- On April 16, 1966, in New York City, about 50 baseball, network, and advertising officials discussed NBC's first year with the Game of the Week. New York could not get a primary match-up between the Detroit Tigers and New York Yankees with Curt Gowdy and Pee Wee Reese calling the action because of local blackout rules. Instead, that market received a backup game (or "'B' game") featuring Tony Kubek and Jim Simpson calling a game between the Cincinnati Reds and Chicago Cubs. That rule would be eliminated after the 1983 season.
|1953||ABC||Dizzy Dean||Buddy Blattner|
- In April 1953, ABC-TV executive Edgar J. Scherick set out to sell teams rights but instead, only got the Philadelphia Athletics, Cleveland Indians, and Chicago White Sox to sign on. These were not "national" broadcast contracts since they were assembled through negotiations with individual teams to telecast games from their home parks. It was until the Sports Broadcasting Act of 1961, that antitrust laws barred "pooled rights" TV contracts negotiated with a central league broadcasting authority.
- CBS took over the Saturday Game in 1955 (the rights were actually set up through the Falstaff Brewing Corporation) retaining Dean/Blattner and McColgan/Finnegan as the announcing crews (as well as Gene Kirby, who produced the Dean/Blattner games and alternated with them on play-by-play) and adding Sunday coverage in 1957.
- In 1958, George Kell served as host for the pregame show on CBS.
- From 1958 to 1960, NBC aired a special regional feed of its games in the southeast, where the network had a different sponsor (such as National Bohemian beer) than for the rest of the country. This feed featured its own announcing team, with Chuck Thompson calling the games with Bill Veeck (1958) and Al Rosen (1959–60). NBC never had a true backup game until 1966, when the network got exclusivity for the Game of the Week. In the process, NBC brought in Curt Gowdy and Pee Wee Reese for the primary game, and Jim Simpson and Tony Kubek for the alternate game (which was always shown in the markets of teams playing in the primary game).
|2021||ESPN||Jon Sciambi||Chris Singleton|
|2020||ESPN||Jon Sciambi||Chris Singleton|
- For the 2020 season, due to the COVID-19 pandemic, Jon Sciambi and Chris Singleton called each game remotely from their respective homes rather than at the ballpark. For the 2020 postseason, they and all of ESPN Radio's announcers called the games from the ESPN studios in Bristol, Connecticut.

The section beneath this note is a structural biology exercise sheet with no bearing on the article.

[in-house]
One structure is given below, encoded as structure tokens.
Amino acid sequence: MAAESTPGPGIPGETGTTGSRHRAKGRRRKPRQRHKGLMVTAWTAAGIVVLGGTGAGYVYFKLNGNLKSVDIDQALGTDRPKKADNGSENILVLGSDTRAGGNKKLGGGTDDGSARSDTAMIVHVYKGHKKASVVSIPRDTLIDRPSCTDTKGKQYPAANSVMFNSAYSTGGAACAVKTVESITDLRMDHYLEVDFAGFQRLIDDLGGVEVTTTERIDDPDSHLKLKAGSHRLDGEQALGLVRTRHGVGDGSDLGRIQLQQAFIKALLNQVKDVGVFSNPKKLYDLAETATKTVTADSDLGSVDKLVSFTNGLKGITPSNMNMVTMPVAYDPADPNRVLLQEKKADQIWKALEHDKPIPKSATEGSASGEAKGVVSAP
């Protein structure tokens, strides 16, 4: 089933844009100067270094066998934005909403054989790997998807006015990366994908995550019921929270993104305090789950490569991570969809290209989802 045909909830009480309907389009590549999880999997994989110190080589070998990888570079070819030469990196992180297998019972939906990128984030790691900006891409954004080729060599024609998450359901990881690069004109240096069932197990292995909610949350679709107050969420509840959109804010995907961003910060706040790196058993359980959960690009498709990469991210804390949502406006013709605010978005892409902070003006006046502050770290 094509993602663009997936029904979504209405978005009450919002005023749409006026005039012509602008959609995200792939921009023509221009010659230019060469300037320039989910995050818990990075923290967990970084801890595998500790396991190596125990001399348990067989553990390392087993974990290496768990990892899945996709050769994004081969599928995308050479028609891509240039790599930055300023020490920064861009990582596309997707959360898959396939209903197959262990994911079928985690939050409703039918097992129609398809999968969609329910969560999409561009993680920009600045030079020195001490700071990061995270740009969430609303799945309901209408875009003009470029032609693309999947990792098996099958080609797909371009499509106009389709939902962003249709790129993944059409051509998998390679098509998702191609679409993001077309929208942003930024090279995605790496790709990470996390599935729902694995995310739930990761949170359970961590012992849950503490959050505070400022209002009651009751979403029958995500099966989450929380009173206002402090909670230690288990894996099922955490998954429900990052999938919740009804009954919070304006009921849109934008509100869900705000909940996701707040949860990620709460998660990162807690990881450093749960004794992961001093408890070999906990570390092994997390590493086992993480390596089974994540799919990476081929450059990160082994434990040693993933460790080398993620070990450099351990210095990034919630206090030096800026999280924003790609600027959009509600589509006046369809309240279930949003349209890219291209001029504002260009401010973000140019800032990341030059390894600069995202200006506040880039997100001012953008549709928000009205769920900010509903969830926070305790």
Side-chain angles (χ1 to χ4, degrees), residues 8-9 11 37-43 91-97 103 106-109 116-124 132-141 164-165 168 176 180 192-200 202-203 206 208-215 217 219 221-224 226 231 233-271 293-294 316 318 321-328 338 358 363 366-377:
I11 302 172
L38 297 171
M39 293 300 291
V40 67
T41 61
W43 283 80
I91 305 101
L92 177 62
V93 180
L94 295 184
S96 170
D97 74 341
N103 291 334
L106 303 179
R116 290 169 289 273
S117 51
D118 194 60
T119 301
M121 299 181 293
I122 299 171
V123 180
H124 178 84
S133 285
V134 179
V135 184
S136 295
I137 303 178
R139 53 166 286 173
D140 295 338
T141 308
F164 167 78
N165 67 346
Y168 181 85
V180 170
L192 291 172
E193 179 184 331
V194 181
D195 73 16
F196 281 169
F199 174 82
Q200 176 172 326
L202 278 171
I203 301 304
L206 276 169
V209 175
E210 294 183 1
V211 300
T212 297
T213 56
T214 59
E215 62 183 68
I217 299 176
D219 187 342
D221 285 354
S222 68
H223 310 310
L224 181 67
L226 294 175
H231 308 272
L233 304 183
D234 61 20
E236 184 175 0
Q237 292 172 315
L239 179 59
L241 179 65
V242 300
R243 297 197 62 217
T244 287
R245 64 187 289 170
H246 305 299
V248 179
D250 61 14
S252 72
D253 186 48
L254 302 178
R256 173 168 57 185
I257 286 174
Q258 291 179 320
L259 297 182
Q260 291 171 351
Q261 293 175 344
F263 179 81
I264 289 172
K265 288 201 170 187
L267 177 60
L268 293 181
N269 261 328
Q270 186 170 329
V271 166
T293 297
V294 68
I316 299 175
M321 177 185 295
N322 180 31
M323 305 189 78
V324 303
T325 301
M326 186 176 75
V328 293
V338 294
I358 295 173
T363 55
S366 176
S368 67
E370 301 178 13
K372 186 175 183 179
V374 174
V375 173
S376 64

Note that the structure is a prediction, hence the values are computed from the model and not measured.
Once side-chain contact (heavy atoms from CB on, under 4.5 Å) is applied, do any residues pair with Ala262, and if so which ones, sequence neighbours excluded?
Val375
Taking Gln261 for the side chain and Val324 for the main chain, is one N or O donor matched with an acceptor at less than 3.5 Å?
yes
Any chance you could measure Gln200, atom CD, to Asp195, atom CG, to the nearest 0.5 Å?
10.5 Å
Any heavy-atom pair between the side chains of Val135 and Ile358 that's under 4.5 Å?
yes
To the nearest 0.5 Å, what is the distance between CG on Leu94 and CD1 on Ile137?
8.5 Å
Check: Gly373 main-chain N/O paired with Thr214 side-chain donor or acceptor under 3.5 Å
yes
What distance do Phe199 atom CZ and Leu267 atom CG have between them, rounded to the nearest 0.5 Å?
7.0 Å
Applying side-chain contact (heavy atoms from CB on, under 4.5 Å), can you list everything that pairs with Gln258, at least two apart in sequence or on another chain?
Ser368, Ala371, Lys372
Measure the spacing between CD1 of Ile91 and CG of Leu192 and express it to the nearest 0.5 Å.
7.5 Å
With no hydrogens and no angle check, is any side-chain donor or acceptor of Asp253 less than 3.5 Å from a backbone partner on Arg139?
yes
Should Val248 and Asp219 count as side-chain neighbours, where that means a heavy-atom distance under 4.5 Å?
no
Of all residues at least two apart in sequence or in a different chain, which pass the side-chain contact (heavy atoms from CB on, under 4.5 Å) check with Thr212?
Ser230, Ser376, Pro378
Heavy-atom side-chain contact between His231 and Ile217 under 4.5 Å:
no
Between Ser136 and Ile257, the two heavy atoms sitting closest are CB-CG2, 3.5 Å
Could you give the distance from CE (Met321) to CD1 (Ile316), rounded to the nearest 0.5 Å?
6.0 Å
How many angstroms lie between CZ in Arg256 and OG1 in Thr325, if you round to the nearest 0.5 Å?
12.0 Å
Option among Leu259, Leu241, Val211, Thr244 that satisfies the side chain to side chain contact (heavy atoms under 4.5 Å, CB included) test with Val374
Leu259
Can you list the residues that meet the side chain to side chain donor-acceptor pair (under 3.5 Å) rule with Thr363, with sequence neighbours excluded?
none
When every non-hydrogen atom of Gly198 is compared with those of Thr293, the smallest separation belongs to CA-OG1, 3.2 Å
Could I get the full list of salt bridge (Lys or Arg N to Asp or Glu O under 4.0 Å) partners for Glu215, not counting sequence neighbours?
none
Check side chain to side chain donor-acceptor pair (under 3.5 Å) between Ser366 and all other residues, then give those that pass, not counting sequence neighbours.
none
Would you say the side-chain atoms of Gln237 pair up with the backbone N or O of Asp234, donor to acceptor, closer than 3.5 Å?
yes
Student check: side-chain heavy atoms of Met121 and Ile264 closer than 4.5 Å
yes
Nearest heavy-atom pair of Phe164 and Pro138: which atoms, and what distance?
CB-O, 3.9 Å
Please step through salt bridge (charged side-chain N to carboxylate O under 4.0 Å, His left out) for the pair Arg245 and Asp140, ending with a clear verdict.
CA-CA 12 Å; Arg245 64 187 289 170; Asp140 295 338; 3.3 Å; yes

- As of 2011, the primary ESPN Radio crew for Sunday Night Baseball consists of play-by-play announcer Jon Sciambi and color analyst Chris Singleton. In 2010, Sciambi succeeded Gary Thorne, who had called play-by-play in 2008–09; Thorne had succeeded Dan Shulman, did so from 2002–07; Shulman, in turn, had been preceded by Charley Steiner from 1998–2002. Singleton succeeded Dave Campbell, who was an analyst from 1999–2010. Campbell replaced Kevin Kennedy as analyst in 1999, after the latter had worked with Steiner in the network's inaugural season of coverage. Marc Kestecher currently serves as the network's primary Baseball Tonight studio host; he was preceded by Joe D'Ambrosio from 1998–2007.
- As of 2018, Dan Shulman calls the World Series and one of the two League Championship Series with Singleton each year, while Sciambi calls the other LCS with Sunday Night Baseball TV analyst Jessica Mendoza. Various other announcers work the network's secondary regular-season, Wild Card Game and Division Series broadcasts as needed. Sciambi and Singleton also call the All-Star Game and Home Run Derby each year.
- On May 15, 2012, the Los Angeles Angels of Anaheim signed a radio rights deal with syndicator Compass Media to distribute 25 games to a nationwide audience, in a game-of-the-week format. These games would be produced separately from the KLAA broadcasts, and would feature veteran play-by-play men Chris Carrino and Steve Quis, with former New York Mets general manager and current SiriusXM sports talk show host Steve Phillips and former MLB player Darryl Hamilton as color commentators.
|2009||ESPN||Gary Thorne||Dave Campbell|
|2008||ESPN||Gary Thorne||Dave Campbell|
|2007||ESPN||Dan Shulman||Dave Campbell|
|2006||ESPN||Dan Shulman||Dave Campbell|
|2005||ESPN||Dan Shulman||Dave Campbell|
|2004||ESPN||Dan Shulman||Dave Campbell|